Limelight moved for JMOL, which was denied by the district court based on BMC. In the interim, the Federal Circuit decided Muniauction, Inc. v. Thompson Corp., 532 F.3d 1318 (Fed. Cir. 2008), which addressed the issue of whether furnishing instructions was sufficient to find joint liability - an issue that was left open by BMC - and held that merely furnishing instructions on how to access an on-line auction was not sufficient control or direction to find joint infringement liability. Limelight filed for JMOL once again based on Muniauction, and the motion was granted.
Agency Relationship or Contractual Obligation Required
The Federal Circuit affirmed the grant of JMOL. In an opinion by Judge Linn, joined by Chief Judge Rader and Judge Prost, the court explained that the BMC "control or direction" inquiry is based on principles of common-law agency. It went on to hold that a principal/agent relationship, where both parties consent that the agent is acting on the principal's behalf, or a contractual obligation, must exist between joint infringers for liability to attach, and that this notion was implicit in the BMC and Muniauction decisions:
This court therefore holds as a matter of Federal Circuit law that there can only be joint infringement when there is an agency relationship between the parties who perform the method steps or when one party is contractually obligated to the other to perform the steps. Neither is present here.
Citing the Restatement (Third) of Agency and Supreme Court precedent, the court explained that "[f]or an agency relationship to exist, and thus, for infringement to be found, both parties must consent that the agent is acting on the principal's behalf and subject to the principal's control." Accordingly, the fact that Limelight provided instructions for its customers to carry out the "tagging" and "serving" steps was not sufficient:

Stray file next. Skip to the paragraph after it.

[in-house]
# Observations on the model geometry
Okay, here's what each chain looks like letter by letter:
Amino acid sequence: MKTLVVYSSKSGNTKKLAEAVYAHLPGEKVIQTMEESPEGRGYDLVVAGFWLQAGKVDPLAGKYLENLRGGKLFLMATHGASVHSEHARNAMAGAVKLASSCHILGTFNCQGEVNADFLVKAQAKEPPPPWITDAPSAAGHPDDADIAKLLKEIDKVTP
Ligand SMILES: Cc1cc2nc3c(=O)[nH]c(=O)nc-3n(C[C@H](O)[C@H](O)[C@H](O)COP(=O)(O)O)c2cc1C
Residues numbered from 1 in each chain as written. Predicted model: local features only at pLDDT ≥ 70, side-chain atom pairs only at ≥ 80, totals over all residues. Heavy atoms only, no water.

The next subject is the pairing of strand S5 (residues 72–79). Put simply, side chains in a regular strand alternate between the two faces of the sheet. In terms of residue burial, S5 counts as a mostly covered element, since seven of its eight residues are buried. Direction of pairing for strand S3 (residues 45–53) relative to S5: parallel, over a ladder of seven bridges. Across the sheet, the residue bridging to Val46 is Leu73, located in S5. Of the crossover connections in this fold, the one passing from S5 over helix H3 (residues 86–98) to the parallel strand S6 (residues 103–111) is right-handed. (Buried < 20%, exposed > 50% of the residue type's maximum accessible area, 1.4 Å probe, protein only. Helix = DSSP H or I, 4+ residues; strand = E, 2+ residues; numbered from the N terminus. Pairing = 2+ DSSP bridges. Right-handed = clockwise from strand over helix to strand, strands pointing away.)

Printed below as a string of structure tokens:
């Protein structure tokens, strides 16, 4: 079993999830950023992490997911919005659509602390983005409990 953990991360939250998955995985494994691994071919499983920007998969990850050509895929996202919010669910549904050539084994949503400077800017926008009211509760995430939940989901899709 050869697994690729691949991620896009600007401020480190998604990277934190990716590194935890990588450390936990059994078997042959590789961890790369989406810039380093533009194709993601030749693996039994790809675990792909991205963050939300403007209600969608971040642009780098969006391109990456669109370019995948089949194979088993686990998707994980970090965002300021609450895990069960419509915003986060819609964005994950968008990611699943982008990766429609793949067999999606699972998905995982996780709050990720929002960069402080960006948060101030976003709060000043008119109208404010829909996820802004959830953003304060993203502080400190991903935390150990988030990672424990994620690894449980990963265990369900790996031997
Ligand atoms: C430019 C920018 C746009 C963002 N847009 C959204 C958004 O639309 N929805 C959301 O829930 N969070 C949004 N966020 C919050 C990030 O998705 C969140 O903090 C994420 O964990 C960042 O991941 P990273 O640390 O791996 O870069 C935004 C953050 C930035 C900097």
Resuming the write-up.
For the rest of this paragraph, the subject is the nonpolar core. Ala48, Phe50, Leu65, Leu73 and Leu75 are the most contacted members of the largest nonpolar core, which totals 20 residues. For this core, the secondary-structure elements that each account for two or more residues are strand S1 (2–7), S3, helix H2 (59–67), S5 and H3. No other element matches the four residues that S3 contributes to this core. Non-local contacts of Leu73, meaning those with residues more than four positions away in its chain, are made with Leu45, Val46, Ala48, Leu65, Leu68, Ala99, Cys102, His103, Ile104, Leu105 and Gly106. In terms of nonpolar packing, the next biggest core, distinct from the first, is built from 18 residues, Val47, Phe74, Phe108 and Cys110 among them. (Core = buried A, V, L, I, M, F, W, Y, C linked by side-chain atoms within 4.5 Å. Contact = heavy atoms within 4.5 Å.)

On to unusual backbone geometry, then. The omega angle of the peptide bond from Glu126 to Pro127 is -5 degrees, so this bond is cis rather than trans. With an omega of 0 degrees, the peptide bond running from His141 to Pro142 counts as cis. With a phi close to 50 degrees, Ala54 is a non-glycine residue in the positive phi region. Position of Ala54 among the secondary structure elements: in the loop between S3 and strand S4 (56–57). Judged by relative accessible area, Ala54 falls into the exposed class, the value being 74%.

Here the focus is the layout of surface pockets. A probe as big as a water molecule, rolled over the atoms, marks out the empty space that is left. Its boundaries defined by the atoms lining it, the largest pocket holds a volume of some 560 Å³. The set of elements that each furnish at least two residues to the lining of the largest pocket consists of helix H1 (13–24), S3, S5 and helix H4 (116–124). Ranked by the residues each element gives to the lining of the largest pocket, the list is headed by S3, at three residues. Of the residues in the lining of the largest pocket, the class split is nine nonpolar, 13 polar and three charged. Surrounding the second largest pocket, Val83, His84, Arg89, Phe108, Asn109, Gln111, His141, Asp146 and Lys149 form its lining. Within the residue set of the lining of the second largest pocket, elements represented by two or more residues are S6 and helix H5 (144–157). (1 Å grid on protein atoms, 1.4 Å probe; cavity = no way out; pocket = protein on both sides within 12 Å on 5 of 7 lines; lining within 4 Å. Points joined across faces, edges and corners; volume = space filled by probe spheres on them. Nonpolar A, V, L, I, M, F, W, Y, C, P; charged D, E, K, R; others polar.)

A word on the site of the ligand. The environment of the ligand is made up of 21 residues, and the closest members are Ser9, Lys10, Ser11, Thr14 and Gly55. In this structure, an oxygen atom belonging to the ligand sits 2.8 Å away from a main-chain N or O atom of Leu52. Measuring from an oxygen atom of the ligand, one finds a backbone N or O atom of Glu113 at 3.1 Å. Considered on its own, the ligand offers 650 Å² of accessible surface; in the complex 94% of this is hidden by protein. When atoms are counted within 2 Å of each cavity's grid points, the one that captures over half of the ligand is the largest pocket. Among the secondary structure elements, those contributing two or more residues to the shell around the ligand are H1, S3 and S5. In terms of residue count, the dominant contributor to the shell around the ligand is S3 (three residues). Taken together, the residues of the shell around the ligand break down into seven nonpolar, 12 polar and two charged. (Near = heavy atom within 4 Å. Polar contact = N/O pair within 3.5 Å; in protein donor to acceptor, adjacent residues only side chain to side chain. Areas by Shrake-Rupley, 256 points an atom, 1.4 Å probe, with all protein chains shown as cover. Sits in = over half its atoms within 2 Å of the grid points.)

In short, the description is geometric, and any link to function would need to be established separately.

"An essential element of agency is the principal's right to control the agent's actions. Control is a concept that embraces a wide spectrum of meanings, but within any relationship of agency the principal initially states what the agent shall and shall not do, in specific or general terms.". . . Like BMC Resources, the Restatement and the Supreme Court refer to the words "control" and "direction" when assessing whether an agency relationship exists, but there is no indication that an agency relationship arises when one party simply provides direction, no matter how explicit, to another party. All the elements of an agency relationship must be present.
The Federal Circuit also dismissed the patentee's argument that Limelight's standard contract "obligates content providers to perform the claim steps of tagging the embedded objects and serving the tagged page":